BBC Radio 4, 2-16 September 2012
Memorably filmed in 1939 with Henry Fonda in the title role, The
Grapes of Wrath recounts the experiences of the Joad family, who migrate from Oklahoma to California in search of work
during the Great Depression.
Kirsty Williams' production comprised a series of discrete episodes, designed
to focus on the famly's reactions to adversity. Economic hardship had hit them hard, both financially and personally; they
had little or no self-esteem - especially when they arrived in California, only to discover that they were nothing more than
"okies," or vagrants. Basically a gregarious family - Ma (Michelle Fairley) was always willing to share food and time
with strangers - they now discovered that no one would accept them.
However the prevailing tone was not always pessimistic. By travelling out of Oklahoma
state Tom (Robert Sheehan) violated his parole; nonetheless Pa (Steven McNicol) vowed to look after him through thick and
thin. Little Rosashan (Melody Grove) became bored very easily, especially during the twelve-day trek across America; however
Ma made every effort to buoy her spirits up with the promise of food, even if there was very little to go round. Although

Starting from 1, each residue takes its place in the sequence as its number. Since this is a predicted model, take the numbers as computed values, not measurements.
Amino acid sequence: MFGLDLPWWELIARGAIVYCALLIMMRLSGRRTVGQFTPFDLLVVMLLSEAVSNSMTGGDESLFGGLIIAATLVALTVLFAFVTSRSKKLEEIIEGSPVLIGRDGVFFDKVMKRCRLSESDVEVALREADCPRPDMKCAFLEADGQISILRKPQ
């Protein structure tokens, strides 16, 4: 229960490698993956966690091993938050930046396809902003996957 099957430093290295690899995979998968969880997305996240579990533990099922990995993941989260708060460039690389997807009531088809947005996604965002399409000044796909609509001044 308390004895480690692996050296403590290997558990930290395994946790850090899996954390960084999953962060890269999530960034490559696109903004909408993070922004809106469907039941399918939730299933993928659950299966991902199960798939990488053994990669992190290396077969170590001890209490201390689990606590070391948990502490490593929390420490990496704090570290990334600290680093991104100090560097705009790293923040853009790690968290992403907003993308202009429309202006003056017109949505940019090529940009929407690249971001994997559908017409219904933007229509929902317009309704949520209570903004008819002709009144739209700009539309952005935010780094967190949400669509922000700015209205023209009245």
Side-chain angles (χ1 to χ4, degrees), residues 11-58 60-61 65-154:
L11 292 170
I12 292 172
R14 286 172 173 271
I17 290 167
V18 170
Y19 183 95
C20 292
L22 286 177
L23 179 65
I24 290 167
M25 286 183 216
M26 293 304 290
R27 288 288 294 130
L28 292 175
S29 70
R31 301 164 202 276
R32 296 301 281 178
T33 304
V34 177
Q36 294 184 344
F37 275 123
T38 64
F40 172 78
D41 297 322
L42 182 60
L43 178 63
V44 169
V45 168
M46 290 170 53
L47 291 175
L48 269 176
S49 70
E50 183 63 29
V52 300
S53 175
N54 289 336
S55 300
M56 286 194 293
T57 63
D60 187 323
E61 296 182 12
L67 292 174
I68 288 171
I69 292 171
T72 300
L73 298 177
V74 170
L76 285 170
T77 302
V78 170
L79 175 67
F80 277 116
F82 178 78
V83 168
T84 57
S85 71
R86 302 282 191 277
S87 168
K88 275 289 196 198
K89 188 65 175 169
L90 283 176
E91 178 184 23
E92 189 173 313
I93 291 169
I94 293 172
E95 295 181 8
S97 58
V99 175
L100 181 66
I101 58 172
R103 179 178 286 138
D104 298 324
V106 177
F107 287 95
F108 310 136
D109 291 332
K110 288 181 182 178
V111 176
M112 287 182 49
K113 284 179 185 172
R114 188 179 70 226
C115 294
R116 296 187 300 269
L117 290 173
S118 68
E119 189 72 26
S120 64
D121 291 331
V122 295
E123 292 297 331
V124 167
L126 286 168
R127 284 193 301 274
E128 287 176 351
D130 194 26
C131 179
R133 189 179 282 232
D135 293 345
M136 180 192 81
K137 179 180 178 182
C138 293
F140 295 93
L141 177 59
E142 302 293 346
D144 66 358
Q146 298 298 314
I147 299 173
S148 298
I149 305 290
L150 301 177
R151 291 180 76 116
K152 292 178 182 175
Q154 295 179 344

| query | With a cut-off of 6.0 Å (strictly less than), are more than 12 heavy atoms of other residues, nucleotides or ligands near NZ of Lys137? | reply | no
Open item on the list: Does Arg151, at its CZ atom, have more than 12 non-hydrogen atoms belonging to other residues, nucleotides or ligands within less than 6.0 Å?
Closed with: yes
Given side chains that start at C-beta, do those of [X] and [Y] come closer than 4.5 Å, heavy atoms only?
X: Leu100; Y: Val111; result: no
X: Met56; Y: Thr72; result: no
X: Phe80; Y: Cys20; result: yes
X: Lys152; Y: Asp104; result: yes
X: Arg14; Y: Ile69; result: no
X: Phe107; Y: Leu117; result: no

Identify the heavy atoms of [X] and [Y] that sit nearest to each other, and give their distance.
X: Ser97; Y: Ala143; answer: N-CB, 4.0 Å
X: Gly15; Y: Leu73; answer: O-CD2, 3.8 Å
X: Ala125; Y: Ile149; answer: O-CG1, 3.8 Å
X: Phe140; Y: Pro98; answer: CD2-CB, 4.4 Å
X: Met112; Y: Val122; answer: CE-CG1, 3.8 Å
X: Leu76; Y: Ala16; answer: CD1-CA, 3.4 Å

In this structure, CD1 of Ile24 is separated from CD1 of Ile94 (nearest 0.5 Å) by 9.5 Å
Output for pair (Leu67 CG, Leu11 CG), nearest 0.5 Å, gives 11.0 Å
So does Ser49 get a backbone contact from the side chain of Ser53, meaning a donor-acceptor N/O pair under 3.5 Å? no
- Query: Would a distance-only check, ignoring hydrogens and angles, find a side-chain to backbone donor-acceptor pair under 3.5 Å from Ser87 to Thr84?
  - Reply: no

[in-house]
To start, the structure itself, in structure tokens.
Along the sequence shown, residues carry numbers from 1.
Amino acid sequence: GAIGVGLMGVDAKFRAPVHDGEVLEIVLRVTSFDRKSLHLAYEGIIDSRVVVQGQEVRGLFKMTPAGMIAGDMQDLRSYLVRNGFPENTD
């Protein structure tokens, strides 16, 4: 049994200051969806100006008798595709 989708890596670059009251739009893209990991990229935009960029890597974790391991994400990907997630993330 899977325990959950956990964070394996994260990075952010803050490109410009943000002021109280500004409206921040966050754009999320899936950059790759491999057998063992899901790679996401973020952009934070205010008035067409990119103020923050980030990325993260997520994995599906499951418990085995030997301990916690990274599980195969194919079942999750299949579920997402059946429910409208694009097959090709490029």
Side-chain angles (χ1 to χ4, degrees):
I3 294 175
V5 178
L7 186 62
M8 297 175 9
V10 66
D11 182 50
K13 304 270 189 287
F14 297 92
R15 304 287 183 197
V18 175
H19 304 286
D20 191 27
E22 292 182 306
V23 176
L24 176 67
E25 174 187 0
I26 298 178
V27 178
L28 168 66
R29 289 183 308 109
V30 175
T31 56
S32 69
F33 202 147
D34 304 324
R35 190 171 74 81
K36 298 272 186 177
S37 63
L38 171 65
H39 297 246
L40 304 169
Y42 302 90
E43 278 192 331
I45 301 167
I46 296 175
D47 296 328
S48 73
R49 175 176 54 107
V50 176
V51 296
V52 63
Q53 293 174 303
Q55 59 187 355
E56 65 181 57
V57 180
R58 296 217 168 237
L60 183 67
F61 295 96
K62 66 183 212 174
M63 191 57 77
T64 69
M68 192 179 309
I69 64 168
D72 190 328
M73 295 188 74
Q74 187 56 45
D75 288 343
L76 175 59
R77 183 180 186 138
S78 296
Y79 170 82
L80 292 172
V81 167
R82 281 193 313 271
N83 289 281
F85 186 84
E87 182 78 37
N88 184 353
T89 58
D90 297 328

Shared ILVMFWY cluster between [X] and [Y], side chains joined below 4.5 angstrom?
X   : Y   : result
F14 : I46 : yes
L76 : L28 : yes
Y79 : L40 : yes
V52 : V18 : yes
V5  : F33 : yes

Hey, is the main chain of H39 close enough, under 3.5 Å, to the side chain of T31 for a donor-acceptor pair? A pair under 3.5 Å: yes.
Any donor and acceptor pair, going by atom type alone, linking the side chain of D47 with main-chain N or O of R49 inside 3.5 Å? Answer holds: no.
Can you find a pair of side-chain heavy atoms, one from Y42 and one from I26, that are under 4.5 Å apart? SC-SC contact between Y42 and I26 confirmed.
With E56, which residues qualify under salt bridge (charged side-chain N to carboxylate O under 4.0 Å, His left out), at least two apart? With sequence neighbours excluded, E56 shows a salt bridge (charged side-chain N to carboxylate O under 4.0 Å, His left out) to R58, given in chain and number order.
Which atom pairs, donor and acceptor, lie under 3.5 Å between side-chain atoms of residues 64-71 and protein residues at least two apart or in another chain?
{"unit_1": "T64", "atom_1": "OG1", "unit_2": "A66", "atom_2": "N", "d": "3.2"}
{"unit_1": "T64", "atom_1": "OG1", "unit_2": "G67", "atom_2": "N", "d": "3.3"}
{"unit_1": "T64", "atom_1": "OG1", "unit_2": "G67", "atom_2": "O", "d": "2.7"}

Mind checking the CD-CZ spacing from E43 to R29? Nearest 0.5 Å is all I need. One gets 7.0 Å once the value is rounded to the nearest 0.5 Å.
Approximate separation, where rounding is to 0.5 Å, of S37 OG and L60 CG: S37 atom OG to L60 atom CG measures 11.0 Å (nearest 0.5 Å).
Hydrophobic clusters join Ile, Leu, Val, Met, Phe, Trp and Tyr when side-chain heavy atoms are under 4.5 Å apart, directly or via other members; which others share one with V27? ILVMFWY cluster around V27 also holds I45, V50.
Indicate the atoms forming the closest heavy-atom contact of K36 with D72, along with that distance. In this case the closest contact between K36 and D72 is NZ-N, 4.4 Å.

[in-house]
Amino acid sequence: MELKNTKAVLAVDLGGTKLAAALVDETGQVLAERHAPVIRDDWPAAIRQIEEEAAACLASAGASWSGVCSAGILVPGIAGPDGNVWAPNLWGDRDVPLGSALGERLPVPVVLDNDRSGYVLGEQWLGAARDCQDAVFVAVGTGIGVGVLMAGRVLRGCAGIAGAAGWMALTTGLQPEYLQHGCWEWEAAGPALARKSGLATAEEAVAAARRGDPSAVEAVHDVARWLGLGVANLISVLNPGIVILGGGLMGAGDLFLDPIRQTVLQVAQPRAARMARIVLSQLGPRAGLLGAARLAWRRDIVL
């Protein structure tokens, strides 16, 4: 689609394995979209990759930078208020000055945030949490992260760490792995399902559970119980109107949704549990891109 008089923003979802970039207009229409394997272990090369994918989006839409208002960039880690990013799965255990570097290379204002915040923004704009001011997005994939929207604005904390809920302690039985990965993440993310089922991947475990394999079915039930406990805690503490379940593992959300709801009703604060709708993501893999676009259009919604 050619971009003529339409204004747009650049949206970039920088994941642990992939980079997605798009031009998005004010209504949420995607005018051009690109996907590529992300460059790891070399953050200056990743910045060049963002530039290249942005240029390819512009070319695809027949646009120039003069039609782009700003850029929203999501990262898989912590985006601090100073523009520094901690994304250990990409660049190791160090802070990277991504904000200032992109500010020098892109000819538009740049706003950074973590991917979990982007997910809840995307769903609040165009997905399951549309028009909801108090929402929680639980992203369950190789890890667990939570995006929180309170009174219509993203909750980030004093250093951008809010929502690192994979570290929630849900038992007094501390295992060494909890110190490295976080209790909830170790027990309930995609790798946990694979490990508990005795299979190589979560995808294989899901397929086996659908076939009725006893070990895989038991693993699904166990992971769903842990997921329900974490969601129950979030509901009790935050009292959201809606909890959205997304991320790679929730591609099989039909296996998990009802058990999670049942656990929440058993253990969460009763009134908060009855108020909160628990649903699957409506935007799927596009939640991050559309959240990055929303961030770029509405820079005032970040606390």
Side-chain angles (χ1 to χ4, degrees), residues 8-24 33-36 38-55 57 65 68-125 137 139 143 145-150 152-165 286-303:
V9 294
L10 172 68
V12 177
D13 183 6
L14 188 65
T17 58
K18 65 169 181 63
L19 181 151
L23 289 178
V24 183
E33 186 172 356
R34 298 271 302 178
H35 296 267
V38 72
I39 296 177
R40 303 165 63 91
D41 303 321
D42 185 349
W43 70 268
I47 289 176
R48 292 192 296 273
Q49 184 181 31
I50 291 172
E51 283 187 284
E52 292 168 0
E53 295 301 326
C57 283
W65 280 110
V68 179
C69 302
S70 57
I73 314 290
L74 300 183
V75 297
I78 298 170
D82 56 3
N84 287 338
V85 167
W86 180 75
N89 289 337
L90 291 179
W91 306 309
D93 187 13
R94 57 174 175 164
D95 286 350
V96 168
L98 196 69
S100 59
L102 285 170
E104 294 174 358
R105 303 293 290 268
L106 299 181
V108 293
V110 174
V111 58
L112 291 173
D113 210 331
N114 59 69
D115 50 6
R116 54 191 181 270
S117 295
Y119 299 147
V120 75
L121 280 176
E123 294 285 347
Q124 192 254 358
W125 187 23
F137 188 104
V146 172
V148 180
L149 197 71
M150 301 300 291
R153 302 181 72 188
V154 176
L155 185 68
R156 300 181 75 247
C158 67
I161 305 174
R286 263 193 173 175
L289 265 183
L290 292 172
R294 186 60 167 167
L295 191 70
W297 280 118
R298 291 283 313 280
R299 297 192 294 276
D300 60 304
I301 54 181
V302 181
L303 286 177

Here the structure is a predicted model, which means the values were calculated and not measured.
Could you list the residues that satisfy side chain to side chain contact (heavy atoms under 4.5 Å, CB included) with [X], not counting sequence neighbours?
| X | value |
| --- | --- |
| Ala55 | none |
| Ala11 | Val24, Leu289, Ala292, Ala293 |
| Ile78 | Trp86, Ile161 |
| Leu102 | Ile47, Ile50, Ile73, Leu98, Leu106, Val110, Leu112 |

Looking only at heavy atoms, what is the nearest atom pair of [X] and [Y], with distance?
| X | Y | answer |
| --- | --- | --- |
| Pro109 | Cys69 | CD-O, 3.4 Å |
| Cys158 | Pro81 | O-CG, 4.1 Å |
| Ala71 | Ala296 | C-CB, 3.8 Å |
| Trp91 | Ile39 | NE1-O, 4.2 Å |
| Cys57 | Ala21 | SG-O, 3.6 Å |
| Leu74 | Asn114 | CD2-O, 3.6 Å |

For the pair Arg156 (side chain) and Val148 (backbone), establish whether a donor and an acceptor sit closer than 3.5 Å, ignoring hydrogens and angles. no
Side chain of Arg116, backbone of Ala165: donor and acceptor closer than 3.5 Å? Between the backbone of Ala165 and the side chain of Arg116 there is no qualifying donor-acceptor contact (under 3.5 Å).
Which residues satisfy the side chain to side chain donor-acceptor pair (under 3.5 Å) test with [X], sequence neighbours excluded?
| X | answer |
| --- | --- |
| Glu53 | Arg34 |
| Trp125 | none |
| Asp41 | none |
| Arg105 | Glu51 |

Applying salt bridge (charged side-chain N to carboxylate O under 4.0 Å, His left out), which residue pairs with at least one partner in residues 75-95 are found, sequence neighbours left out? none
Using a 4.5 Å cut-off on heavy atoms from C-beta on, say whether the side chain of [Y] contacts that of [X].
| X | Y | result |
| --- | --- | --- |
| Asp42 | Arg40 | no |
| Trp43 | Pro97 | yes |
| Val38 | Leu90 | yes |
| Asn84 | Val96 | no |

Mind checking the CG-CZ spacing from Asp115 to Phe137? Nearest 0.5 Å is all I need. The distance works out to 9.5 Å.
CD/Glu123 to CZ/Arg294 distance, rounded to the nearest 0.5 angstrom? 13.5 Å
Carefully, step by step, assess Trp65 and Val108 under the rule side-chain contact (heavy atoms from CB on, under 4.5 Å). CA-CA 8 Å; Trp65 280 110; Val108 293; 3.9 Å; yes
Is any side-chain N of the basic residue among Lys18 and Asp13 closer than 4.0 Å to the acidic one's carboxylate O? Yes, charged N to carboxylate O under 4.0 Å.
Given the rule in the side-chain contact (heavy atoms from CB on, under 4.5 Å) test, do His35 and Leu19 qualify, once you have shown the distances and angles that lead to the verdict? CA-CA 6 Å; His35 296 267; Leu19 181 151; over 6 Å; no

becoming increasingly desperate as the prospects of work or future prosperity decreased, Tom came to understand how his family
provided a necessary source of moral as well as emotional support. Adversity brought
them closer together; even if they had nothing else, they had each other.
At the same time director Williams suggested that the Depression had transformed
America into a dog-eat-dog world in which only the fittest survived. No one wanted to know or to help the Joads: the Californian
police refused to let them pitch their tents, even for one night, while the townsfolk formed vigilante groups to keep the
okies from crossing the boundaries. Their wanton brutality was suggested by their vocal tones - rough, uncouth, full of staccato
phrases - that contrasted with the softer, more relaxed delivery of the Joads.
Sometimes the American accents seemed a little forced, but nonetheless this classic
serial communicated the greatness of Steinbeck's text. It might be set in a particular historical period, but its portrait
of a family trying to survive can be appreciated by everyone.